1987 - 1988Mice experiments showed T cells to be double-edged sword in clearing persistent infections with respiratory syncytial virusCannon, Stott, Taylor, Askonas, OpenshawImmunology
December 1990BRCA1, a single gene on chromosome 17, shown to be responsible for many breast and ovarian cancersKing, Lee, Newman, Morrow, Anderson, HueyGenetics, DNA sequencing
1 Feb 1996Paper published indicating thymus-leukaemia antigen, a cell-surface marker, stimulates T cells to destroy specific target cellsSharmaCancer immunotherapy, Oncology
2 Jan 2000Polyoma virus shown to be potential tool for delivering gene therapyKrauzewicz, Stokrova, Jenkins, Elliott, Higgns, GriffinGene therapy
25 Oct 2001Structure and function of ribosomes deciphered opening up new era for improving antibiotic drugs and designing new onesYonath, Schlunzen, Zarivach, Harms, Basham, Ticilj, Albrecht, FrancheschiAntibactieral agents, RNA, X ray crystallography
13 Dec 2003Sharma discovered some bladder cancer cells expressed the marker NY-ESO-1 providing means for cancer vaccineSharmaCancer immunotherapy, Oncology
1 Jan 2005Discovery of nerve cell that allows the brain to determine spatial position May-Britt Moser, Edvard Moser, O'KeefeNeuroscience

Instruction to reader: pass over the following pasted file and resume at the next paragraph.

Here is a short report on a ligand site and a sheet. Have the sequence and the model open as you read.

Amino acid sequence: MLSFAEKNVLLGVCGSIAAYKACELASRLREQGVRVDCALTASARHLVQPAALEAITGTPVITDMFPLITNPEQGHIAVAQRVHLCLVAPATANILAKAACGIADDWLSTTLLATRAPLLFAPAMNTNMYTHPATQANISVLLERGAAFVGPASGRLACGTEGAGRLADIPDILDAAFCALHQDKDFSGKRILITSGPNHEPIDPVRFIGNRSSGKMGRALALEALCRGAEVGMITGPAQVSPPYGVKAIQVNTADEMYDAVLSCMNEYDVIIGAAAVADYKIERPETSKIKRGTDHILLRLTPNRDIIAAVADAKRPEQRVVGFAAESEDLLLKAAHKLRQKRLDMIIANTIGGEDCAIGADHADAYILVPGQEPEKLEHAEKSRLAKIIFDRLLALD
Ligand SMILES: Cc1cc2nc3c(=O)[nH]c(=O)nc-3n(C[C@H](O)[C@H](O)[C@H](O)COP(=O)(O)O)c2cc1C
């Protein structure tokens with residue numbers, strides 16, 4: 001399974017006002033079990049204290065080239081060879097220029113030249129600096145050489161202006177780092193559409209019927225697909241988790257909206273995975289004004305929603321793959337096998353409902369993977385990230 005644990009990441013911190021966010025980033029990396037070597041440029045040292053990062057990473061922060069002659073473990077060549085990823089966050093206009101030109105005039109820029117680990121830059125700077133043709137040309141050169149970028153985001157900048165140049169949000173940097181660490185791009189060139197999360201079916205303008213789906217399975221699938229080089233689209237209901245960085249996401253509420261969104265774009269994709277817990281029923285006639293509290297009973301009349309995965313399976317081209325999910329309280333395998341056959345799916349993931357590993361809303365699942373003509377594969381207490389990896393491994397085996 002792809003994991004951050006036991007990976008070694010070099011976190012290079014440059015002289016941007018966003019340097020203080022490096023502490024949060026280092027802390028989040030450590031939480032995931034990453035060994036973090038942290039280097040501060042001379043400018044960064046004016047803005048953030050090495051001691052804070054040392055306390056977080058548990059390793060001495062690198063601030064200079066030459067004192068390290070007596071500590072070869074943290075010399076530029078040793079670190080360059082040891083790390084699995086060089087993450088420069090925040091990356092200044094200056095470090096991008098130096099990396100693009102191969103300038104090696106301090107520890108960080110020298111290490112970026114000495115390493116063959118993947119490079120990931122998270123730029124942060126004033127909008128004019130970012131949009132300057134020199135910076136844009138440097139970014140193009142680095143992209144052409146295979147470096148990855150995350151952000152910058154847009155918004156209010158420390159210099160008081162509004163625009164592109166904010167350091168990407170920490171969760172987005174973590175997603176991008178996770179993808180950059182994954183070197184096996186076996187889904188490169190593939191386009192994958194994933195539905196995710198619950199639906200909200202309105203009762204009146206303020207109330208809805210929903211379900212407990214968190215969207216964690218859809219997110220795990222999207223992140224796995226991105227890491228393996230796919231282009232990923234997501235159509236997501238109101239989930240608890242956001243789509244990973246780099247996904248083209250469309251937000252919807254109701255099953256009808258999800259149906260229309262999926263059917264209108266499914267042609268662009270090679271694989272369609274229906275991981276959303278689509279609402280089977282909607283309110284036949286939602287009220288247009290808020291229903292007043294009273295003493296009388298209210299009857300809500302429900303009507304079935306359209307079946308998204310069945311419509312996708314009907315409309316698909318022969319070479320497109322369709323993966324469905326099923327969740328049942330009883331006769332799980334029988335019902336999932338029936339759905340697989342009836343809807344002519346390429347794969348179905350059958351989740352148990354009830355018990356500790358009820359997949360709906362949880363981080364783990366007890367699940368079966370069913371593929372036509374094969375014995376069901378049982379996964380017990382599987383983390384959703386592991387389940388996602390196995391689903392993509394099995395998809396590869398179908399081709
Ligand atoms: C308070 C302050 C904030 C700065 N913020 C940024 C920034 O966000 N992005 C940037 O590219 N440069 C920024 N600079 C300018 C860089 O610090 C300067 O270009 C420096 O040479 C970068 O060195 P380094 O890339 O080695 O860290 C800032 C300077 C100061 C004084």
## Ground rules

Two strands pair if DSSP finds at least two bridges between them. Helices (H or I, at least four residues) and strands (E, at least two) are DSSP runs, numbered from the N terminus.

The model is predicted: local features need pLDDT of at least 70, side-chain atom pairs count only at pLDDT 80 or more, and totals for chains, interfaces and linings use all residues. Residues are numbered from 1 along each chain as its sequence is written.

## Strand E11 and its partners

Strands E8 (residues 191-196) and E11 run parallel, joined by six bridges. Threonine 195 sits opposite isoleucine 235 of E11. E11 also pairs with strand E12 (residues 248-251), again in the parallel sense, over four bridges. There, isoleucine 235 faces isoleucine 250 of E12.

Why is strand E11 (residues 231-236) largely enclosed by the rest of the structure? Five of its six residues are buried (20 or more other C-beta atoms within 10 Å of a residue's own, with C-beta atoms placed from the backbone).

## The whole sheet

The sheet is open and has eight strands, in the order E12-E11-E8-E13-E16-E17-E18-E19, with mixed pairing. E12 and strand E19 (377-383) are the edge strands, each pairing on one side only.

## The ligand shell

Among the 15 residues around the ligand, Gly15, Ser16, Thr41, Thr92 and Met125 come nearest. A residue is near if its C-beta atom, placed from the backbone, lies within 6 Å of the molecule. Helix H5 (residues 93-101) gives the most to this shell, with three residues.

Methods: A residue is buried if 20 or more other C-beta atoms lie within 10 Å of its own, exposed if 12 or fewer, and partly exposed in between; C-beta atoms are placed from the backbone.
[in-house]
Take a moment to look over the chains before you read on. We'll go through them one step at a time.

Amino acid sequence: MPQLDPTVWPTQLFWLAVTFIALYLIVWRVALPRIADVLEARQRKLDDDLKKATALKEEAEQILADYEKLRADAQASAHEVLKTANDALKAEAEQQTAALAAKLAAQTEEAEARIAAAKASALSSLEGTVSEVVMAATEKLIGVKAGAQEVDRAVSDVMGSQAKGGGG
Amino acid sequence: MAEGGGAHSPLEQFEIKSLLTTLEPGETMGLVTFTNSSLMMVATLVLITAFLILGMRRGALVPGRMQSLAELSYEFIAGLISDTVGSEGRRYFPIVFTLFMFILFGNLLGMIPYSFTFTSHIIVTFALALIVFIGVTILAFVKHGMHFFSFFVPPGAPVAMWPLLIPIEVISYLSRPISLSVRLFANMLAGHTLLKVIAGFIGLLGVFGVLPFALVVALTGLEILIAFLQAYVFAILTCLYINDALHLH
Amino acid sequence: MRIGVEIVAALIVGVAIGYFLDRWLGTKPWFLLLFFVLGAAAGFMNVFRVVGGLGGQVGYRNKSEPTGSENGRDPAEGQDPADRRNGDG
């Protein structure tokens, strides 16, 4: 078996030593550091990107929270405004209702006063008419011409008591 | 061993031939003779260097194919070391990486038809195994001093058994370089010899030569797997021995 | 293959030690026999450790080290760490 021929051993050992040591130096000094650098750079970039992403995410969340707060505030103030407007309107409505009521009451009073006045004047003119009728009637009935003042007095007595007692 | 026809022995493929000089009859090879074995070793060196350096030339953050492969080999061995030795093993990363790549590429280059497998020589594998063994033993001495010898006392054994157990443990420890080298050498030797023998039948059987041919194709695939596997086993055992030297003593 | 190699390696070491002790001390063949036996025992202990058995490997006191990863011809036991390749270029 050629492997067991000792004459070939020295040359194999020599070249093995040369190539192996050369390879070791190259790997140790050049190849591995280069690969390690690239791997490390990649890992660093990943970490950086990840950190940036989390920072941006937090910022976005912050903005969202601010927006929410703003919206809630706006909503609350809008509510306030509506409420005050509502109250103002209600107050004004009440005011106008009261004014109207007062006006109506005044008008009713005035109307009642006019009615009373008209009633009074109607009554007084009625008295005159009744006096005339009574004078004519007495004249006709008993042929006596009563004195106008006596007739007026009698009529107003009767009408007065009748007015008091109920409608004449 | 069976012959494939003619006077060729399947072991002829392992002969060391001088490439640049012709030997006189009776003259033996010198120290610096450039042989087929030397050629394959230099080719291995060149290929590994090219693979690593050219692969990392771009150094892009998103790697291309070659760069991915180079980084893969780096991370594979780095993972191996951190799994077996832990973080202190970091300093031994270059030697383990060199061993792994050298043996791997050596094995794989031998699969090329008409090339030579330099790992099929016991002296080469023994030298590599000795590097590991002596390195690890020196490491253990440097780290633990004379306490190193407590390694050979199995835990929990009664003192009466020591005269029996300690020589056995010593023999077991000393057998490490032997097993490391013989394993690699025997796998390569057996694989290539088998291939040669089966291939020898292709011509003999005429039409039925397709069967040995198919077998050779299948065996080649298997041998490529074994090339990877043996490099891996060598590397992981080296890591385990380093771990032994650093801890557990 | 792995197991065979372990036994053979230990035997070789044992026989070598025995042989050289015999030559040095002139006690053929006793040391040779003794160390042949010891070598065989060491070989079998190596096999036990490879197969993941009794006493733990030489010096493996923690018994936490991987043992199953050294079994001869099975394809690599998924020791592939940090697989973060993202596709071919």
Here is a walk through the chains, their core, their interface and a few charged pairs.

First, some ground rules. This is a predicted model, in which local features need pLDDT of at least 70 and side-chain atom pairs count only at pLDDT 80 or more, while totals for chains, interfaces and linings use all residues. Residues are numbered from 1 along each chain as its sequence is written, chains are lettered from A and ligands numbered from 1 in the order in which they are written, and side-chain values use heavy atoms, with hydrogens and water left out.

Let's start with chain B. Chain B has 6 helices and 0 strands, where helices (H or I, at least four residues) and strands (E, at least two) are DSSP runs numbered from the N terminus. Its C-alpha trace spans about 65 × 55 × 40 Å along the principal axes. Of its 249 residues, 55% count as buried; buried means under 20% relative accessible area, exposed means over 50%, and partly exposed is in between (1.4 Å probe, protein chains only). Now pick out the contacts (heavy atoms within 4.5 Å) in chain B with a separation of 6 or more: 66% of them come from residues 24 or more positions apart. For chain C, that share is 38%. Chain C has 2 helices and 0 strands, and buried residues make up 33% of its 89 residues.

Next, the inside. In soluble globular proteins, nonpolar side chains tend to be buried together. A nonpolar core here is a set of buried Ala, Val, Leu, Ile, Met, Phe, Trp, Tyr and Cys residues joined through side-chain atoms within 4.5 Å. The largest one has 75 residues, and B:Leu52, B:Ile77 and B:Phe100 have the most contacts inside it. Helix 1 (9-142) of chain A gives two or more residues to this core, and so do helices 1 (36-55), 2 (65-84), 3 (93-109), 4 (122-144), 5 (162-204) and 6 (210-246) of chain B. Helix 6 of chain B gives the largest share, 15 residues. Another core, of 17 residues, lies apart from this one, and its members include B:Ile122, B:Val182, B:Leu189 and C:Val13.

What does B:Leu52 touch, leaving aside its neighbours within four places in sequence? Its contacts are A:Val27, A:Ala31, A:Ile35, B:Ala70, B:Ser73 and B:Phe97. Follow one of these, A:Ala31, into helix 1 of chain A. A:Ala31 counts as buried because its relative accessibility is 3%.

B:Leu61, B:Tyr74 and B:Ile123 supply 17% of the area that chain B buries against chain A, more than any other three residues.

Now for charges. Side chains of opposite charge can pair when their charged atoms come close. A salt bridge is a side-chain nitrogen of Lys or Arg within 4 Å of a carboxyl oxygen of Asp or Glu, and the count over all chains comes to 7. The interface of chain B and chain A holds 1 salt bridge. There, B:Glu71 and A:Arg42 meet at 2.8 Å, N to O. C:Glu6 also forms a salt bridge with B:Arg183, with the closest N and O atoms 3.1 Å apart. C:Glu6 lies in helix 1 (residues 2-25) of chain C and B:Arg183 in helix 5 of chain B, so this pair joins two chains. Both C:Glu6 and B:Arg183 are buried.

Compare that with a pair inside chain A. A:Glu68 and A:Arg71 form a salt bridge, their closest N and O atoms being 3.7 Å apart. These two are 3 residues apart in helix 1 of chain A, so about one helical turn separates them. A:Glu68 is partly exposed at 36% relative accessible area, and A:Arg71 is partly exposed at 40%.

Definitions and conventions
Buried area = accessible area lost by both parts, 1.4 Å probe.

25 Aug 2005Harvard scientists reported reprogramming adult skin cells into embryonic stem cells Cowan, Eggan, Melton, AlienzaStem cells
2006Inducible co-stimulator (ICOS) protein found to enhance anti-CTLA-4 treatment in destruction of cancer cellsSharma, Liakou, Kamat, Ng Tang, Chen, Sun, Troncoso, LogothetisCancer immunotherapy, Immune checkpoint inhibitors
May 2012First patent application submitted for CRISPR-Cas 9 technologyDoudna, CharpentierCRISPR-Cas9, Gene editing
17 Aug 2012A group of scientists based at Howard Hughes Medical Institute published a radically new gene editing method that harnessed the CRISPR-Cas9 system Jinek, Chylinski, Fonfara, Hauer, Doudna, CharpentierCRISPR-Cas9, Gene editing
18 Sep 2015UK scientists sought license to genetically modify human embryos to study the role played by genes in the first few days of human fertilisationNaikanCRISPR-Cas9, Gene editing